All of your blood, sweat, and tears have been poured into your restaurant, but the time has come - you’ve decided to divest ownership of your restaurant. When you’re preparing to sell a restaurant, there are a number of ways to make your business more appealing to potential buyers, ranging from cosmetic updates and repairs to improving the quality of the financial records you will provide to prospective buyers.
The scope of this article is to address financial and federal tax issues a restaurant seller should consider with the intent to better prepare the seller for a successful sales process.
GET FINANCIAL RECORDS READY
The more organized and complete financials you can provide, the more appealing you will be to quality buyers and more likely you will achieve a higher selling price. Financial records include the income statement, which is a record of income and expenses, and a balance sheet, which is a list of assets such as accounts receivable, inventory, equipment, furniture, real estate and leasehold improvements along with any accounts payable and debts on the business. These two reports are the most basic records a prospective buyer will request. Other more detailed information that is also often required will be discussed in further detail in the “Due Diligence” section of this article.
PROTECT CONFIDENTIAL INFORMATION
Before providing financial or other business information to anyone, you need to assess your need to protect your private and confidential information. Some restaurant sales could be adversely affected if “word got out” that the restaurant was “for sale.” Competitors could use the uncertainty of future ownership to steal your most valuable employees or deter customers from your restaurant. Potential buyers could intentionally or unintentionally obtain your business information during early sales discussions. For these reasons, sellers should consider utilizing nondisclosure agreements in the selling process.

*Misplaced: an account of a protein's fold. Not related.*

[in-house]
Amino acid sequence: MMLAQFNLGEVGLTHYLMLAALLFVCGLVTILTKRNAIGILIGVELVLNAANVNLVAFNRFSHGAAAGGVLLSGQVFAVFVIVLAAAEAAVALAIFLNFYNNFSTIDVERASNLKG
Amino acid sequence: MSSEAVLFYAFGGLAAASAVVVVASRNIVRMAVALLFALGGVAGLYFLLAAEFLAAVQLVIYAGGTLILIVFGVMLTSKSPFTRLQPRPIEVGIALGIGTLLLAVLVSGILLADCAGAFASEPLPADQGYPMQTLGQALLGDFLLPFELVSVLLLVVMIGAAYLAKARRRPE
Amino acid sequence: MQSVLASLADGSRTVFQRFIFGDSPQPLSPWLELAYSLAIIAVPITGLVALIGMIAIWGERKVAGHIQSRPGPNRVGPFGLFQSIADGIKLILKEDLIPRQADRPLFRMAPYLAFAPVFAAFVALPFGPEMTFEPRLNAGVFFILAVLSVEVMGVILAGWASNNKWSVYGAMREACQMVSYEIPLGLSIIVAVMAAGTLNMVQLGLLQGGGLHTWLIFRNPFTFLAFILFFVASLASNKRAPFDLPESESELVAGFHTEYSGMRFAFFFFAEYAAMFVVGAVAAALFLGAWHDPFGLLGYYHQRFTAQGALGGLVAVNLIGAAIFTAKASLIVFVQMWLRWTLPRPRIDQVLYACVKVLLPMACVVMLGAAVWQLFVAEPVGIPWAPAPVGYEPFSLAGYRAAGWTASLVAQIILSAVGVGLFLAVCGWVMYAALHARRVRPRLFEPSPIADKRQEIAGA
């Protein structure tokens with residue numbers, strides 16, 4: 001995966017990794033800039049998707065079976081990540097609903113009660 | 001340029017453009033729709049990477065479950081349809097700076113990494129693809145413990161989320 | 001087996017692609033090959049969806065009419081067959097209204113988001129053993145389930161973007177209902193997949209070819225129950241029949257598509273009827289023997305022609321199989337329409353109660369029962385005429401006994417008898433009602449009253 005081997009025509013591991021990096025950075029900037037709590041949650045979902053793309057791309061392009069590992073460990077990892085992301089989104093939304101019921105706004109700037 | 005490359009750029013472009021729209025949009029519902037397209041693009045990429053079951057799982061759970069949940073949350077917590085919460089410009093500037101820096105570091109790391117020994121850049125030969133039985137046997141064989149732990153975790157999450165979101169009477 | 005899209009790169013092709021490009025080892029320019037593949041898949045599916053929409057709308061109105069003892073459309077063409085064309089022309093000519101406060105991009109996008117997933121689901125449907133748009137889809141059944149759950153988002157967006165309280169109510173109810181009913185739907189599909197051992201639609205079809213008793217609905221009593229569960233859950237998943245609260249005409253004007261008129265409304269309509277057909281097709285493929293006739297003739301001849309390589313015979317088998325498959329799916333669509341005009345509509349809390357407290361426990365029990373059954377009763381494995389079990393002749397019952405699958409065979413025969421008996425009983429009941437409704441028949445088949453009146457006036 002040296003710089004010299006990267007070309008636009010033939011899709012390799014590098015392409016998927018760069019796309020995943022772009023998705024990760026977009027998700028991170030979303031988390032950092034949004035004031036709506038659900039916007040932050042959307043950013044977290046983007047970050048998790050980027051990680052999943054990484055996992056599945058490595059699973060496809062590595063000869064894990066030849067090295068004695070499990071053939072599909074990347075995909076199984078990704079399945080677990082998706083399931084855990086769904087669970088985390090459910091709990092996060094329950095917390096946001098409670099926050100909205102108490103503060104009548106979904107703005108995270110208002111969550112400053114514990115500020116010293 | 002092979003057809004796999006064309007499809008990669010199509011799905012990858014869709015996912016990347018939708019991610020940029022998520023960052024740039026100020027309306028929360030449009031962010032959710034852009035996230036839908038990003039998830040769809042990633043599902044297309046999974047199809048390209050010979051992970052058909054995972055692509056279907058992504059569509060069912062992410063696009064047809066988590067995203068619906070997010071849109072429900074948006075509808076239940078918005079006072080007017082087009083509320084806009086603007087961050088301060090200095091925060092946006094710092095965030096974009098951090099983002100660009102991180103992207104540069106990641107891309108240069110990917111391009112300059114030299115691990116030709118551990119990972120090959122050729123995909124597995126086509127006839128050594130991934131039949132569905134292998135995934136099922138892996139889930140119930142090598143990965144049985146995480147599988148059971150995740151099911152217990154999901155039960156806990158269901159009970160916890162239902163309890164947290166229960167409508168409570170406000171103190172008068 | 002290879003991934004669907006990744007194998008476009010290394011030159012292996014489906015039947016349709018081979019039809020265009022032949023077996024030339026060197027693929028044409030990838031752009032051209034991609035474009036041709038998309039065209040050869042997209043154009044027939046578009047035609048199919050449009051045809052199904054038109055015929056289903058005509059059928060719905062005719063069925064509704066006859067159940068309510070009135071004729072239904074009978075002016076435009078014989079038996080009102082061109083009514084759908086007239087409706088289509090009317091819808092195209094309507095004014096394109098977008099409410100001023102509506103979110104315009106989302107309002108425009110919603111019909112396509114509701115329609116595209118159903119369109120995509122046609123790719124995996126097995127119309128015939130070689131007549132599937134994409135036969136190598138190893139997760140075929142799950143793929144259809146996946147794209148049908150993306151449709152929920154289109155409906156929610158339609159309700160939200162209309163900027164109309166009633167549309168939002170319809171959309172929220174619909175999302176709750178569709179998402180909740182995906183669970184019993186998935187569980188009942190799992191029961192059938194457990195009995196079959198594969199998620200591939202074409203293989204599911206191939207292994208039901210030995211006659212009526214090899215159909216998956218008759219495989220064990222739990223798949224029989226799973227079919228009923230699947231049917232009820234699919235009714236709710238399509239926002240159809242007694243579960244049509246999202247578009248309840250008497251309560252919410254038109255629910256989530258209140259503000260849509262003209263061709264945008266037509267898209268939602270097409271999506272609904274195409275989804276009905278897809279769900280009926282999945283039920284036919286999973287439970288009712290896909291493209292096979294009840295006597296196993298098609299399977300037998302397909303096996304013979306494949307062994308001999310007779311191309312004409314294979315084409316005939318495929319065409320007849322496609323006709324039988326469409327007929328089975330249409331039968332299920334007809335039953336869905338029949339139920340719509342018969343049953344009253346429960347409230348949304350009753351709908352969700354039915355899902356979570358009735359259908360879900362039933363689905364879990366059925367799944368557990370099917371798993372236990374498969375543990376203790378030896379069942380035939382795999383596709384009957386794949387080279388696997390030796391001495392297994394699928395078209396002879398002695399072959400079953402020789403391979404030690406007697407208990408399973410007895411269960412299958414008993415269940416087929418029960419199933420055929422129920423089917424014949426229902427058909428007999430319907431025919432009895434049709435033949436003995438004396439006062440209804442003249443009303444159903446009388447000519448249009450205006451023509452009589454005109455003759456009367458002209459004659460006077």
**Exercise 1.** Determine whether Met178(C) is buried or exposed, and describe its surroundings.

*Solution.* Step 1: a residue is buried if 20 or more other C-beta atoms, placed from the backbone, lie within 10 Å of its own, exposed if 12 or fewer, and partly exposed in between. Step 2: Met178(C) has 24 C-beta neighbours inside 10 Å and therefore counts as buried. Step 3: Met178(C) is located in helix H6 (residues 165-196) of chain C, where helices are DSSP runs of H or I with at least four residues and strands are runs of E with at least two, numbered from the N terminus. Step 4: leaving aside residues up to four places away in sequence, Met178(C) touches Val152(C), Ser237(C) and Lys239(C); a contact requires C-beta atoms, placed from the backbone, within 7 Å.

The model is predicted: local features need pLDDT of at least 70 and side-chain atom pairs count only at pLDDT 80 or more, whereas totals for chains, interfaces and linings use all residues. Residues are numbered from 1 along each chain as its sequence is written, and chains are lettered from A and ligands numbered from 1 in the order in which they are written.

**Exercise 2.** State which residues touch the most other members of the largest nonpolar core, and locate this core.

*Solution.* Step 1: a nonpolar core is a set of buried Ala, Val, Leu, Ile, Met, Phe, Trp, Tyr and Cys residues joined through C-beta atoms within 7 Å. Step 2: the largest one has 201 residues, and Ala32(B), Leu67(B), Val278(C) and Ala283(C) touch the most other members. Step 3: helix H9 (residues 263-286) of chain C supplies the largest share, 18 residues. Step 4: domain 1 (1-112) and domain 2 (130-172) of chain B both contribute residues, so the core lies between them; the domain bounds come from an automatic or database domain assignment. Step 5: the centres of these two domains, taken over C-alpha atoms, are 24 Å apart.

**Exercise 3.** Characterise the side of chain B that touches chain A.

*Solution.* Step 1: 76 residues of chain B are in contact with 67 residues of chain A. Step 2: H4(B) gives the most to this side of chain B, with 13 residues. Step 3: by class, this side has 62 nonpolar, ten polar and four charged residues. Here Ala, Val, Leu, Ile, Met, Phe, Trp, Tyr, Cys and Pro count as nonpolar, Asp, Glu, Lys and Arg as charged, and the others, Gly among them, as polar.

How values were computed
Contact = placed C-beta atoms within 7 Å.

The purpose of a nondisclosure agreement is to protect your confidential information as the misuse of such information could negatively affect your ability to obtain the best purchase price for your business. The agreement should be prepared by an attorney and will include, at minimum, provisions limiting what information the buyer can disclose about the seller, as well as what actions the buyer can or can’t engage in regarding the seller’s employees and customers. These agreements should be signed by both the buyer and seller before any sensitive or detailed information is provided to a potential buyer.
Due diligence is the process where a potential buyer is performing research and analysis of your business or organization in preparation for a business transaction. Due diligence is generally not performed until a potential buyer has made an offer in the form of a letter of intent (LOI) and the seller has accepted it. Although the typical LOI is nonbinding, it indicates both parties have agreed on significant terms (such as sales price) and both parties have serious intent prior to beginning the due diligence process.